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Co-targeting ephrin receptor tyrosine kinases A2 and A3 in cancer stem cells reduces growth of recurrent glioblastoma.

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Co-targeting ephrin receptor tyrosine kinases A2 and A3 in cancer stem cells reduces growth of recurrent glioblastoma.

Cancer Res. 2018 Jun 26;:

Authors: Qazi MA, Vora P, Venugopal C, Adams J, Singh M, Hu AX, Gorelik M, Subapanditha MK, Savage N, Yang J, Chokshi C, London M, Gont A, Bobrowski D, Grinshtein N, Brown KR, Murty NK, Nilvebrant J, Kaplan DR, Moffat J, Sidhu S, Singh SK

Abstract
Glioblastoma (GBM) carries a dismal prognosis and inevitably relapses despite aggressive therapy. Many members of the Eph receptor tyrosine kinase (EphR) family are expressed by glioblastoma stem cells (GSC), which have been implicated in resistance to GBM therapy. In this study, we identify several EphR that mark a therapeutically targetable GSC population in treatment-refractory, recurrent GBM (rGBM). Using a highly specific EphR antibody panel and CyTOF (Cytometry by Time-Of-Flight), we characterized the expression of all 14 EphR in primary and recurrent patient-derived GSC to identify putative rGBM-specific EphR. EphA2 and EphA3 co-expression marked a highly tumorigenic cell population in rGBM that was enriched in GSC marker expression. Knockdown of EphA2 and EphA3 together led to increased expression of differentiation marker GFAP and blocked clonogenic and tumorigenic potential, promoting significantly higher survival in vivo. Treatment of rGBM with a bispecific antibody (BsAb) against EphA2/A3 reduced clonogenicity in vitro and tumorigenic potential of xenografted recurrent GBM in vivo via downregulation of Akt and Erk and increased cellular differentiation. In conclusion, we show that EphA2 and EphA3 together mark a GSC population in rGBM and that strategic co-targeting of EphA2 and EphA3 presents a novel and rational therapeutic approach for rGBM.

PMID: 29945963 [PubMed - as supplied by publisher]



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Biomaterials driving repair after stroke.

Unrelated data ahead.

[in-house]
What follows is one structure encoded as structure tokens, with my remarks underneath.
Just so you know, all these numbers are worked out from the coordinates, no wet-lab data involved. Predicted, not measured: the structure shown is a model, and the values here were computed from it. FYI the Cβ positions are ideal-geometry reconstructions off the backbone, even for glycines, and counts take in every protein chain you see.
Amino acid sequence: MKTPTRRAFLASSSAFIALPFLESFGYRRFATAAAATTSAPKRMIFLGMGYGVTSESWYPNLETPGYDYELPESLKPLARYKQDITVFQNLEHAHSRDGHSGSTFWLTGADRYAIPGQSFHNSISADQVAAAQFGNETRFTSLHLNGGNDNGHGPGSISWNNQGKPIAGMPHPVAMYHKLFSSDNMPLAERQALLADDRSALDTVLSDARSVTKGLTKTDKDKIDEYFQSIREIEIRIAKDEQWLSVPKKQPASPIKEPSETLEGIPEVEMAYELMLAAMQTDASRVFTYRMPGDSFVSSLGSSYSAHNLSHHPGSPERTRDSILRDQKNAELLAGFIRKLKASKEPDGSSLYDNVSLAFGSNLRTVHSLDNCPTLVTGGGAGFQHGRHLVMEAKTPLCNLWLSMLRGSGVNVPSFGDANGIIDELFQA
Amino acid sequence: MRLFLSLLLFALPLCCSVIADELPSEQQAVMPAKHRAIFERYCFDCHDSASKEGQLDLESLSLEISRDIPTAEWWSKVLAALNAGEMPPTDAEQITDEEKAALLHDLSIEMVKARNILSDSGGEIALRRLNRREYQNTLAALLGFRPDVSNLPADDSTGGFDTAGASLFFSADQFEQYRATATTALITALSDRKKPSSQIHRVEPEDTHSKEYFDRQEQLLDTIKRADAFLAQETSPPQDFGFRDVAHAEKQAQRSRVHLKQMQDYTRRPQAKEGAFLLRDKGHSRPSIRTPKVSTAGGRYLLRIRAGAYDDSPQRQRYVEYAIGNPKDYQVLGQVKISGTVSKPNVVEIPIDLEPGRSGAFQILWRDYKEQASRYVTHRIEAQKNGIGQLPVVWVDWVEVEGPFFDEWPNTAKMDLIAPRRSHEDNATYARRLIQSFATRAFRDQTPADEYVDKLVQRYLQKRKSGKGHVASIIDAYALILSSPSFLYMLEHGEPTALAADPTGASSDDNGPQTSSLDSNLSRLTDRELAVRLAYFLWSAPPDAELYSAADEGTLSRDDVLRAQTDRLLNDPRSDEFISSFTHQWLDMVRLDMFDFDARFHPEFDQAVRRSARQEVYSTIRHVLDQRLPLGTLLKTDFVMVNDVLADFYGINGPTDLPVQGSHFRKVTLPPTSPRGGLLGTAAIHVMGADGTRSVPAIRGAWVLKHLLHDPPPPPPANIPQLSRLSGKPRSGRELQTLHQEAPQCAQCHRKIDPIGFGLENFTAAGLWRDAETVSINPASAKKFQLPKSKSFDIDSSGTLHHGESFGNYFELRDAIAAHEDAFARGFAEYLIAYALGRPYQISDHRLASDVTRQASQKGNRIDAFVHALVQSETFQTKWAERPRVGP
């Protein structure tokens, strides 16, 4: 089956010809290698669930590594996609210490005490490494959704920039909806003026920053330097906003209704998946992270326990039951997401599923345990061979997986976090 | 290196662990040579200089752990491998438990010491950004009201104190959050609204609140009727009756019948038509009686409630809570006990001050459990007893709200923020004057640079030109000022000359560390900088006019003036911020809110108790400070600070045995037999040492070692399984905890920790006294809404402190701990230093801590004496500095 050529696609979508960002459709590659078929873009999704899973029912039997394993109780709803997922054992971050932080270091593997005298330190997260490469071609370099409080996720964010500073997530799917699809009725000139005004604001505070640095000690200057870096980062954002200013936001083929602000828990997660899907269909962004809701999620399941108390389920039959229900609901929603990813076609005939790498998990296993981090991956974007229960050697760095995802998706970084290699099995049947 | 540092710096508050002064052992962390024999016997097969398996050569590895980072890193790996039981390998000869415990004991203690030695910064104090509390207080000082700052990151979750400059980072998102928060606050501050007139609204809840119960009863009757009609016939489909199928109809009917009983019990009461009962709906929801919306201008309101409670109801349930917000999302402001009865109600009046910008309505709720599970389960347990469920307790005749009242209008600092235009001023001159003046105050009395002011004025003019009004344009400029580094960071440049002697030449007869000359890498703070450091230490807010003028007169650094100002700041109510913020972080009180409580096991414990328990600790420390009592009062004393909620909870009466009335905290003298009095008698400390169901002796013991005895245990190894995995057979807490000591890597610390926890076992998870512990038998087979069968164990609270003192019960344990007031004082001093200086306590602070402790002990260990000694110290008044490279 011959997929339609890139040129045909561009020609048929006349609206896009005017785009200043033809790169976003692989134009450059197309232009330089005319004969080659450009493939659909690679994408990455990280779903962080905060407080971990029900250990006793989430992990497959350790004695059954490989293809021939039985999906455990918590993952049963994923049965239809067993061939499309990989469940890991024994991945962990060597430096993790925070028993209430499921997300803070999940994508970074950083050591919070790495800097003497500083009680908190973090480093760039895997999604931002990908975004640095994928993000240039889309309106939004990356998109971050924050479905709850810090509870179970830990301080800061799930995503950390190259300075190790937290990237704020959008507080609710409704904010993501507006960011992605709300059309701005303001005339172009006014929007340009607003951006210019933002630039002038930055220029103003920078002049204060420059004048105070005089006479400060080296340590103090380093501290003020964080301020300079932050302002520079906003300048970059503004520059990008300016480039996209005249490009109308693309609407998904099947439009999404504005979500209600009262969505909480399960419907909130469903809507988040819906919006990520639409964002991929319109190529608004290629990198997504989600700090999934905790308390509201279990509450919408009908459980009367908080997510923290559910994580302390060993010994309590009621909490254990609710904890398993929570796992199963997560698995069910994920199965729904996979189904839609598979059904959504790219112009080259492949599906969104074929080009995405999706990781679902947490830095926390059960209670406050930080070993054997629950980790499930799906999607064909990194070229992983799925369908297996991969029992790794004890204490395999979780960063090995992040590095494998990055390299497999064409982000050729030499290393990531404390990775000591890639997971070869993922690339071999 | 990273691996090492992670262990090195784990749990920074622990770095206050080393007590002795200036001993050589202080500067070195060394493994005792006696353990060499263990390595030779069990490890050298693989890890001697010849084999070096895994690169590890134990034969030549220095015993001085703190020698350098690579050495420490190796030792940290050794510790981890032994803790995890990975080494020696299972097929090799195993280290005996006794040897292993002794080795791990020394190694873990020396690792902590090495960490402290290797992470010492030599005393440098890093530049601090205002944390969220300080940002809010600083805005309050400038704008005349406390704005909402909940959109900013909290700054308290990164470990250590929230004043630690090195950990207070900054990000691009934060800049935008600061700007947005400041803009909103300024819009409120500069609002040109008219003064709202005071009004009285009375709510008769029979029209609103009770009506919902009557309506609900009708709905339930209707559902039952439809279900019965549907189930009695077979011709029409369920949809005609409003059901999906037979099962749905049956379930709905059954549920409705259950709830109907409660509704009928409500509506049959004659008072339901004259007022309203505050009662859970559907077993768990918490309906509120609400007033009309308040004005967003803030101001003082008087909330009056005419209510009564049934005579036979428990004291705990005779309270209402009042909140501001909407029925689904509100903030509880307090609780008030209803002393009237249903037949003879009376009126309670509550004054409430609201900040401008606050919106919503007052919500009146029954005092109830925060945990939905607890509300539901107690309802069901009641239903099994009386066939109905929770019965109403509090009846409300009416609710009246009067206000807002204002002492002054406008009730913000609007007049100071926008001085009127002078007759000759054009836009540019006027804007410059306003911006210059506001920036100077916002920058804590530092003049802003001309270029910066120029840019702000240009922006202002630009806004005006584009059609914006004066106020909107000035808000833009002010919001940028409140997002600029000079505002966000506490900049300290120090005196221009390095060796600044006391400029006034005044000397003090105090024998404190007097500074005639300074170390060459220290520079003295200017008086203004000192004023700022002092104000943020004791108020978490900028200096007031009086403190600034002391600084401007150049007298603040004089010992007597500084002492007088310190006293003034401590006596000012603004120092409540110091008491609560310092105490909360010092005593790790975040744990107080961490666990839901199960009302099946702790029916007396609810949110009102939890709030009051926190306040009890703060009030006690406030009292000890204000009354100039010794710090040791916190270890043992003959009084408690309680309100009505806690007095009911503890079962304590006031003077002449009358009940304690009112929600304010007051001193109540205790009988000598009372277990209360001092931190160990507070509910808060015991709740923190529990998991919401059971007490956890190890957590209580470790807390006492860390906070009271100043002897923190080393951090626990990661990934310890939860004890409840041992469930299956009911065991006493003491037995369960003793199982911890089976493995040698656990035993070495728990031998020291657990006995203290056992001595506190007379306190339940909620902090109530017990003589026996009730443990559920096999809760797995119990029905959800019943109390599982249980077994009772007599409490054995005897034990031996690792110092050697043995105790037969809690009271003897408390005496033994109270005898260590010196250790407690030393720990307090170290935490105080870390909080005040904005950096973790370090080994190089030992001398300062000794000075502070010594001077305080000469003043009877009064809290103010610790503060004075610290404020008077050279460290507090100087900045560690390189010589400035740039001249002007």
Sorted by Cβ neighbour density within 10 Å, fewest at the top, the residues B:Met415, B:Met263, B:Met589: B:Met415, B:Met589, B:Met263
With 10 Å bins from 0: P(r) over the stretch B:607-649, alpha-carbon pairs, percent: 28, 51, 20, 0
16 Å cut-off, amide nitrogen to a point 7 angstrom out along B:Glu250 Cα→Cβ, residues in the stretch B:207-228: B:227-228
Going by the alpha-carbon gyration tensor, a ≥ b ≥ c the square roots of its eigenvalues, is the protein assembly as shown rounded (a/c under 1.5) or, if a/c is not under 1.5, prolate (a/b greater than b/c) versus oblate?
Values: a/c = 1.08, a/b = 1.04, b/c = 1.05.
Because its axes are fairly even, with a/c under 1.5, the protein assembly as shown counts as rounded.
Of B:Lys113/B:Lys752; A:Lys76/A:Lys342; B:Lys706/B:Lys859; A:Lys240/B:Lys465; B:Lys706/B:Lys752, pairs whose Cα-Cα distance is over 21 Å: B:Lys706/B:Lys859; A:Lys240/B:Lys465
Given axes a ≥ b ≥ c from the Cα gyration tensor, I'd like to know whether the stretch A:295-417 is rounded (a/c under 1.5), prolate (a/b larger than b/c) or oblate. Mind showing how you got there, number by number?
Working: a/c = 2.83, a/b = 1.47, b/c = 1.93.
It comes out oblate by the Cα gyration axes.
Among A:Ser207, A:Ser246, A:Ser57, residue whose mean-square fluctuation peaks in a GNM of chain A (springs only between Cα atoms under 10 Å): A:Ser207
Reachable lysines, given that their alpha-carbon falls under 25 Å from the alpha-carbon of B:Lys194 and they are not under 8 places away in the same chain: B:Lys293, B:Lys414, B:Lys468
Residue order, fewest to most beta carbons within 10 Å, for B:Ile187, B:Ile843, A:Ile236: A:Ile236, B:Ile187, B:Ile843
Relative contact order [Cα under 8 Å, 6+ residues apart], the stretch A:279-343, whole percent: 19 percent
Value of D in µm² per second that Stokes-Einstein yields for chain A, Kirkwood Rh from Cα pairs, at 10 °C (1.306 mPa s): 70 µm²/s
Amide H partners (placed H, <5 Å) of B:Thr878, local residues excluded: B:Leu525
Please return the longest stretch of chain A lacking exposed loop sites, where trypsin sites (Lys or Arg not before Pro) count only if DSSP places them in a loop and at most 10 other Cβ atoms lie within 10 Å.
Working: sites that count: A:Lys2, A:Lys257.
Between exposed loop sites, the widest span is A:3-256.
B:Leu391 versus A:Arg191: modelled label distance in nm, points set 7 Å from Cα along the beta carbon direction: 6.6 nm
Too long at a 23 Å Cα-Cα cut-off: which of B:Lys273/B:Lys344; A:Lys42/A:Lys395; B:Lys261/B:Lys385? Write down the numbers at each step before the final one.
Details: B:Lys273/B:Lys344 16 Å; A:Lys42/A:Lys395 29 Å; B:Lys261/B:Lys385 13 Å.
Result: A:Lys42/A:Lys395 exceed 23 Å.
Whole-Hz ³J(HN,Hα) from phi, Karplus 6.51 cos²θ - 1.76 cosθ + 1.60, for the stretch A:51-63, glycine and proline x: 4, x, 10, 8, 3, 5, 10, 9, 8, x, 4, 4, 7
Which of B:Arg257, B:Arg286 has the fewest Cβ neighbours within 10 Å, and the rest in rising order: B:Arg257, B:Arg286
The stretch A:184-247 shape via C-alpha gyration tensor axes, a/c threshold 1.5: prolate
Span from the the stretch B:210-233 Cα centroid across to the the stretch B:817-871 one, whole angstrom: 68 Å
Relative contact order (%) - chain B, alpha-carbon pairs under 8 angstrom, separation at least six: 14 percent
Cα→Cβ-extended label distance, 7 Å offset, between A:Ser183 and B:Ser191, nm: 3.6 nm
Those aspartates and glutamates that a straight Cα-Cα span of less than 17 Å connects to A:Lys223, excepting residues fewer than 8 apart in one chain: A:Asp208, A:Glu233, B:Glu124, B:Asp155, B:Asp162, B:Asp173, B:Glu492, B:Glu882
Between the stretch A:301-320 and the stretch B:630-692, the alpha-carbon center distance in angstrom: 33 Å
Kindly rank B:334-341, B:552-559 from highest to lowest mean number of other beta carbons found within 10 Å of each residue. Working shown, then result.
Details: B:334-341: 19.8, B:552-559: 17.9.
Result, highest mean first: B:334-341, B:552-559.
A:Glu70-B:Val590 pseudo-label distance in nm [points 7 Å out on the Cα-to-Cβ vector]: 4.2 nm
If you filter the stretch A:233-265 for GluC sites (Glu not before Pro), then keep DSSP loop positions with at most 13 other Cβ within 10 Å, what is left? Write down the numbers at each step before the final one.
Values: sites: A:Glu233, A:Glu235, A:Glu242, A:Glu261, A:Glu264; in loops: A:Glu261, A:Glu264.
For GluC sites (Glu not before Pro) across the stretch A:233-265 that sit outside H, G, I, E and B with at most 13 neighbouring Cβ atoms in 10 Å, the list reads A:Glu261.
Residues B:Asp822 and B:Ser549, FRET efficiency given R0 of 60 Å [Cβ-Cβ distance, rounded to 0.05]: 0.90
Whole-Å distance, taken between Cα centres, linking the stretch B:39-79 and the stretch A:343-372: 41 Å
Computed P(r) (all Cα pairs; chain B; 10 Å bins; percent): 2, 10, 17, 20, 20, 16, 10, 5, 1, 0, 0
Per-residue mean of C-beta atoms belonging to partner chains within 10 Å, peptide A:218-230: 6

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Biomaterials driving repair after stroke.

Nat Mater. 2018 Jul;17(7):573-574

Authors: Tuladhar A, Shoichet MS

PMID: 29941949 [PubMed - in process]



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Mechanics-guided developmental fate patterning.

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Mechanics-guided developmental fate patterning.

Nat Mater. 2018 Jul;17(7):571-572

Authors: Tewary M, Zandstra PW

PMID: 29941948 [PubMed - in process]



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A multiprotein supercomplex controlling oncogenic signalling in lymphoma.

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A multiprotein supercomplex controlling oncogenic signalling in lymphoma.

Nature. 2018 Jun 20;:

Authors: Phelan JD, Young RM, Webster DE, Roulland S, Wright GW, Kasbekar M, Shaffer AL, Ceribelli M, Wang JQ, Schmitz R, Nakagawa M, Bachy E, Huang DW, Ji Y, Chen L, Yang Y, Zhao H, Yu X, Xu W, Palisoc MM, Valadez RR, Davies-Hill T, Wilson WH, Chan WC, Jaffe ES, Gascoyne RD, Campo E, Rosenwald A, Ott G, Delabie J, Rimsza LM, Rodriguez FJ, Estephan F, Holdhoff M, Kruhlak MJ, Hewitt SM, Thomas CJ, Pittaluga S, Oellerich T, Staudt LM

Abstract
B cell receptor (BCR) signaling has emerged as a therapeutic target in B cell lymphomas, but inhibiting this pathway in diffuse large B cell lymphoma (DLBCL) has benefited only a subset of patients1. Gene expression profiling identified two major DLBCL subtypes, known as germinal center (GC) B cell-like (GCB) and activated B cell-like (ABC)2,3, with inferior outcomes following immunochemotherapy in ABC. Autoantigens drive BCR-dependent activation of NF-κB in ABC DLBCL through a kinase cascade of SYK, BTK and PKCβ to promote the assembly of the CARD11-BCL10-MALT1 (CBM) adapter complex that recruits and activates IκB kinase (IKK)4-6. Genome sequencing revealed gain-of-function mutations targeting the CD79A and CD79B BCR subunits and the Toll-like receptor (TLR) signaling adapter MYD885,7, with MYD88L265P being the most prevalent isoform. In a clinical trial, the BTK inhibitor, ibrutinib, produced responses in 37% of ABC cases1. The most striking response rate (80%) was observed in tumors with both CD79B and MYD88L265P mutations, but how these mutations cooperate to promote dependence on BCR signaling remains unclear. Herein, we used genome-wide CRISPR-Cas9 screening and functional proteomics to understand the molecular basis of exceptional clinical responses to ibrutinib. We discovered a new mode of oncogenic BCR signaling in ibrutinib-responsive cell lines and biopsies, coordinated by a multiprotein supercomplex formed by MYD88, TLR9, and the BCR (My-T-BCR). The My-T-BCR co-localizes with mTOR on endolysosomes, where it drives pro-survival NF-κB and mTOR signaling. Inhibitors of BCR and mTOR signaling cooperatively decreased My-T-BCR supercomplex formation and function, providing mechanistic insight into their synergistic toxicity for My-T-BCR+ DLBCL cells. My-T-BCR complexes characterized ibrutinib-responsive malignancies and distinguished ibrutinib responders from non-responders. Our data provide a roadmap for the rational deployment of oncogenic signaling inhibitors in molecularly-defined subsets of DLBCL.

PMID: 29925955 [PubMed - as supplied by publisher]



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Mammary molecular portraits reveal lineage-specific features and progenitor cell vulnerabilities.